The first Playboy store in the U.S., in Las Vegas.

Playboy magazine and its products have been around for decades, so it's a wonder that Playboy stores haven't sprouted sooner.

NEW YORK — Playboy magazine and its products have been around for decades, so it’s a wonder that Playboy stores haven’t sprouted sooner.

The first Playboy Concept Boutique opened in Tokyo two and a half years ago, and the first one in the U.S. had its grand opening party on Monday in Las Vegas, at The Forum Shops at Caesar’s. After Las Vegas is up and running for a while, stores could open in other big U.S. cities, according to Aaron Duncan, senior vice president, creative director of Global Licensing, Playboy. Miami is a possibility for the next store, although locations have not yet been decided.

“It was a terrific challenge finding ways to create the essence of Playboy in a store and dimensionalize the brand,” said Jay Valgora, the design principal of Walker Group, the architectural and design firm that created the store.

Inspired by the Playboy mansion, the magazine’s archives and its signature rabbit head, Walker Group designed the 2,000-square-foot store with lots of iconography. There’s a video wall showing Playboy parties, round couches inspired by Hugh Hefner’s bed, sheer drapes and a chandelier to set a separate mood for a lingerie boutique; zebra wood veneer by the point of sale; stones set in clear counters reminiscent of the mansion’s grotto, and outer rooms with intense graphics to create niches and “a voyeuristic sense of looking through windows,” Valgora said.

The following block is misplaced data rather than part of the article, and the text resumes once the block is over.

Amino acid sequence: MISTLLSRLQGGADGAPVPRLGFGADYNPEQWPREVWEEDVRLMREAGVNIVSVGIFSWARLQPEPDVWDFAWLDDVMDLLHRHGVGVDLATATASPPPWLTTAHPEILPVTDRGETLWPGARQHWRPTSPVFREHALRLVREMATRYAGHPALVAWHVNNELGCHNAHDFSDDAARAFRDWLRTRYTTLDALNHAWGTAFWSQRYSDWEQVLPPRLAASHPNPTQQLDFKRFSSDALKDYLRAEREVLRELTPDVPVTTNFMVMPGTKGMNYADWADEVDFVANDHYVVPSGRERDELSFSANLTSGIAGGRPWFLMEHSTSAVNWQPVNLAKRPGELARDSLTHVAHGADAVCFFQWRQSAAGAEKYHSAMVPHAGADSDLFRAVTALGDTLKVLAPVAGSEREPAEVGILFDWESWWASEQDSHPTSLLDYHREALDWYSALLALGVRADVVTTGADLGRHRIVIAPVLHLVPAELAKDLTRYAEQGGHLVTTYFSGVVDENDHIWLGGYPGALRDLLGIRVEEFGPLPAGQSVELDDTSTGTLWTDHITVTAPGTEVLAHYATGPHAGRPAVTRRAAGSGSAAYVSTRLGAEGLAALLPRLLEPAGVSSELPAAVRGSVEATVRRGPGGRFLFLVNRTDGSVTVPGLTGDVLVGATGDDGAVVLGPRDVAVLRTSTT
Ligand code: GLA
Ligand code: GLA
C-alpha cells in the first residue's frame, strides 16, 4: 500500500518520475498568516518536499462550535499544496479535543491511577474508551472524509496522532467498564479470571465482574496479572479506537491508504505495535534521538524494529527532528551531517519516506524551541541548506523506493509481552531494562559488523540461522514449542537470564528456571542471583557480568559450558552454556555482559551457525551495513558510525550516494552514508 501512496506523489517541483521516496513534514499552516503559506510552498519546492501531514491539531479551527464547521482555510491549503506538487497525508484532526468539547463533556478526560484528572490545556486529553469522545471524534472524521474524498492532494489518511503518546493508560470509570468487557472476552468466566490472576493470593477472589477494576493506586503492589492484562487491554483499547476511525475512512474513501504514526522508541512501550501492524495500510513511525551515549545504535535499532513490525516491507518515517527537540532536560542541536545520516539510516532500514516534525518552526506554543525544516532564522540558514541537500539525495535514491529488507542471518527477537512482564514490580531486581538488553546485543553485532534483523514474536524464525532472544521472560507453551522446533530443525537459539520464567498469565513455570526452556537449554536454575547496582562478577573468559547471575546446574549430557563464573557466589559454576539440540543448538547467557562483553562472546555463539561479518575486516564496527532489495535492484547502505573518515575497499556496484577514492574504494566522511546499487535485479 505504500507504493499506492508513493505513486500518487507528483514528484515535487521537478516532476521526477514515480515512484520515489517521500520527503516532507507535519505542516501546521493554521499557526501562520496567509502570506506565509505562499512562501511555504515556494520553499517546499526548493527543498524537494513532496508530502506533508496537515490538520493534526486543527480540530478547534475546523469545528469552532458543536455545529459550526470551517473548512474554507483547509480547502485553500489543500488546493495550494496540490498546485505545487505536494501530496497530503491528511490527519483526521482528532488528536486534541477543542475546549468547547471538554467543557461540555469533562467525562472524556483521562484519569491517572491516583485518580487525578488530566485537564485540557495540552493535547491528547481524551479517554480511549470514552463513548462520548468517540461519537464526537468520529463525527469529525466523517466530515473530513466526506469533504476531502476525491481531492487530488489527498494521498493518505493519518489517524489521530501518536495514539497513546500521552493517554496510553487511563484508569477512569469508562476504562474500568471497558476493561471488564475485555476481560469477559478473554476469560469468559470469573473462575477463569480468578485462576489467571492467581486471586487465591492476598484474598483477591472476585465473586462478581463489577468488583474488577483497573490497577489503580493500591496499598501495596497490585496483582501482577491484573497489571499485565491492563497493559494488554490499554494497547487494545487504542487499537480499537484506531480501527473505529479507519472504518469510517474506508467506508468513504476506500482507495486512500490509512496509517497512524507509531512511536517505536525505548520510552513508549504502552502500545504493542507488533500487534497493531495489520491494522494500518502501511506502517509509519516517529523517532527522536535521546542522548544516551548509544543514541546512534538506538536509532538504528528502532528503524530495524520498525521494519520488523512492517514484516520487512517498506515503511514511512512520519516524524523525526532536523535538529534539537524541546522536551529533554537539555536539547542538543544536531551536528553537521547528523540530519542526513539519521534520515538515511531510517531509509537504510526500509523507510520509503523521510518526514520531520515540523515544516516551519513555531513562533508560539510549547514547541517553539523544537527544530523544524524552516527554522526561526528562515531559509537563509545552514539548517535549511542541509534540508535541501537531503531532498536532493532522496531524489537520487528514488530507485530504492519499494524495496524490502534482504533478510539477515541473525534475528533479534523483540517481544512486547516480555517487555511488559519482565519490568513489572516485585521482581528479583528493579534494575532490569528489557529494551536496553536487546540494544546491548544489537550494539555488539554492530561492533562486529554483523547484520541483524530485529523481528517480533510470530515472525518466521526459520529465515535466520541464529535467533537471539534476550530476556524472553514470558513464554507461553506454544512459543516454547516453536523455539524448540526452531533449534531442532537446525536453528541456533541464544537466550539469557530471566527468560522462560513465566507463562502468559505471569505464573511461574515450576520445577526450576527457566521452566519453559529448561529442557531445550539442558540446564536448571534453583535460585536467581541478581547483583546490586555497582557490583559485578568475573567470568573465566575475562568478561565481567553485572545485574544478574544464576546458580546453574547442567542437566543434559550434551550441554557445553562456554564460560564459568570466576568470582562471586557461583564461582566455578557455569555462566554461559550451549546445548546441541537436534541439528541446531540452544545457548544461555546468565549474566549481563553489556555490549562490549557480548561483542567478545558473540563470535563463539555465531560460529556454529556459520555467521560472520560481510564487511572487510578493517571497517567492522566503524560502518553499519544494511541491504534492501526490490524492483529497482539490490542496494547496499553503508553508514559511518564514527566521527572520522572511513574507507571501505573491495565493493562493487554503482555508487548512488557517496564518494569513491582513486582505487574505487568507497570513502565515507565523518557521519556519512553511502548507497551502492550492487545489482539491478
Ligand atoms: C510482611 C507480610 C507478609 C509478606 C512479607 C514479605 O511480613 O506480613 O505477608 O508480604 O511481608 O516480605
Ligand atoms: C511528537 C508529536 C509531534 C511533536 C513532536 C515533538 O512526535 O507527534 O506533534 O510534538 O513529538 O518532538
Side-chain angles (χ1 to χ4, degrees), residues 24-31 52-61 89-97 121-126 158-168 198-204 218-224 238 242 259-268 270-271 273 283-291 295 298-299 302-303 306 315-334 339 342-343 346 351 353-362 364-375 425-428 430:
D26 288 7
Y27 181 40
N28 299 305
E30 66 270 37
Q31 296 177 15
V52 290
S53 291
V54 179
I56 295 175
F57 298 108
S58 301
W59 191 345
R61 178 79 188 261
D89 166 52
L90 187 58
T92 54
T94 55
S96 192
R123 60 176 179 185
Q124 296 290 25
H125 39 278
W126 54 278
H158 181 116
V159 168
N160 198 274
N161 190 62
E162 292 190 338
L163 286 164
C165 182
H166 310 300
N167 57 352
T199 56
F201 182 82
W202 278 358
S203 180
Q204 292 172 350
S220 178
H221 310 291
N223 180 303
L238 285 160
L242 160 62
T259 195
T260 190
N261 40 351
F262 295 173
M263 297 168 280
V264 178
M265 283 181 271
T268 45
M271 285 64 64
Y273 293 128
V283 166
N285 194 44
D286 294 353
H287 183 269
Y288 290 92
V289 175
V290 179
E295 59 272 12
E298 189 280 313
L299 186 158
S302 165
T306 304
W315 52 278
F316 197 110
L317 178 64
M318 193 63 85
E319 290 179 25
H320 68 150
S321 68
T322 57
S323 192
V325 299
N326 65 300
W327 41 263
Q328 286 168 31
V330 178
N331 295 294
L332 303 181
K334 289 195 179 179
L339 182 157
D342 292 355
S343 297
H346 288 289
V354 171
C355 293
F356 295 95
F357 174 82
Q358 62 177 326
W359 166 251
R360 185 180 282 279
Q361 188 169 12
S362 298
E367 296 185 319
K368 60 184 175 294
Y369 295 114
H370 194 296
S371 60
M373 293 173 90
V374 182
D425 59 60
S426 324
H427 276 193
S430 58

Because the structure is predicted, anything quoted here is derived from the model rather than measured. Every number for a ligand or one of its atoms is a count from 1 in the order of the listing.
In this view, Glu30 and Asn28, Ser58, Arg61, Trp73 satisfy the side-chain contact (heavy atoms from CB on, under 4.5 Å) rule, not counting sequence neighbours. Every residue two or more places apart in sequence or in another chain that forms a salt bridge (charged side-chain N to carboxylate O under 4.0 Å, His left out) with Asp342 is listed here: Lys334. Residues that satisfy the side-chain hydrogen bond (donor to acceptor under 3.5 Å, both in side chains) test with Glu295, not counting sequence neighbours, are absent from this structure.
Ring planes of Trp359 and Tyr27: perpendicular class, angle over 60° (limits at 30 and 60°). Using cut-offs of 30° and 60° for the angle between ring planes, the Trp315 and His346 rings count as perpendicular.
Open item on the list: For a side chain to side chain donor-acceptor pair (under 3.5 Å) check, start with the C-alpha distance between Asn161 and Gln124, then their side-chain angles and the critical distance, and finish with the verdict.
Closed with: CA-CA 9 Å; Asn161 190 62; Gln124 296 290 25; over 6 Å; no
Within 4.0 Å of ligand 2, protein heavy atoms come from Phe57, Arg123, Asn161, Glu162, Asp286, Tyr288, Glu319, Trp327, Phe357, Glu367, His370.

As for the rabbit head, “We incorporated that in creative ways, with profiles of it in the fixture design and furniture,” including banquettes and panty tables, Valgora said.

The other challenge was that Playboy wanted to have a clean, fashionable look to the store, even though the brand sells a broad range of merchandise. The store, owned and operated under license by the Waikiki Trader Group, sells Playboy apparel, accessories and lingerie, one-of-a-kind Playboy memorabilia, select artwork, and vintage product from Playboy’s archives.

Among the authentic products are $30,000 bunny costumes, Hef’s slippers priced at $5,000, and Alberto Vargas paintings from $50,000 to $75,000. There are also $3,500 “brown books,” which are mock-ups of Playboy issues made by hand by art directors that Hef reviewed, as well as logo T-shirts that start around $12, and $2,500 leather jackets with rhinestones. Of the merchandise, 85 percent is women’s clothing, lingerie and accessories.

This story first appeared in the May 27, 2005 issue of WWD. Subscribe Today.

“It’s a total fashion store, no different from any other fashion brand,” said Duncan. “You can see firsthand what the Playboy lifestyle is all about.” Even many of the selling associates have the radiance of Playboy Playmates.

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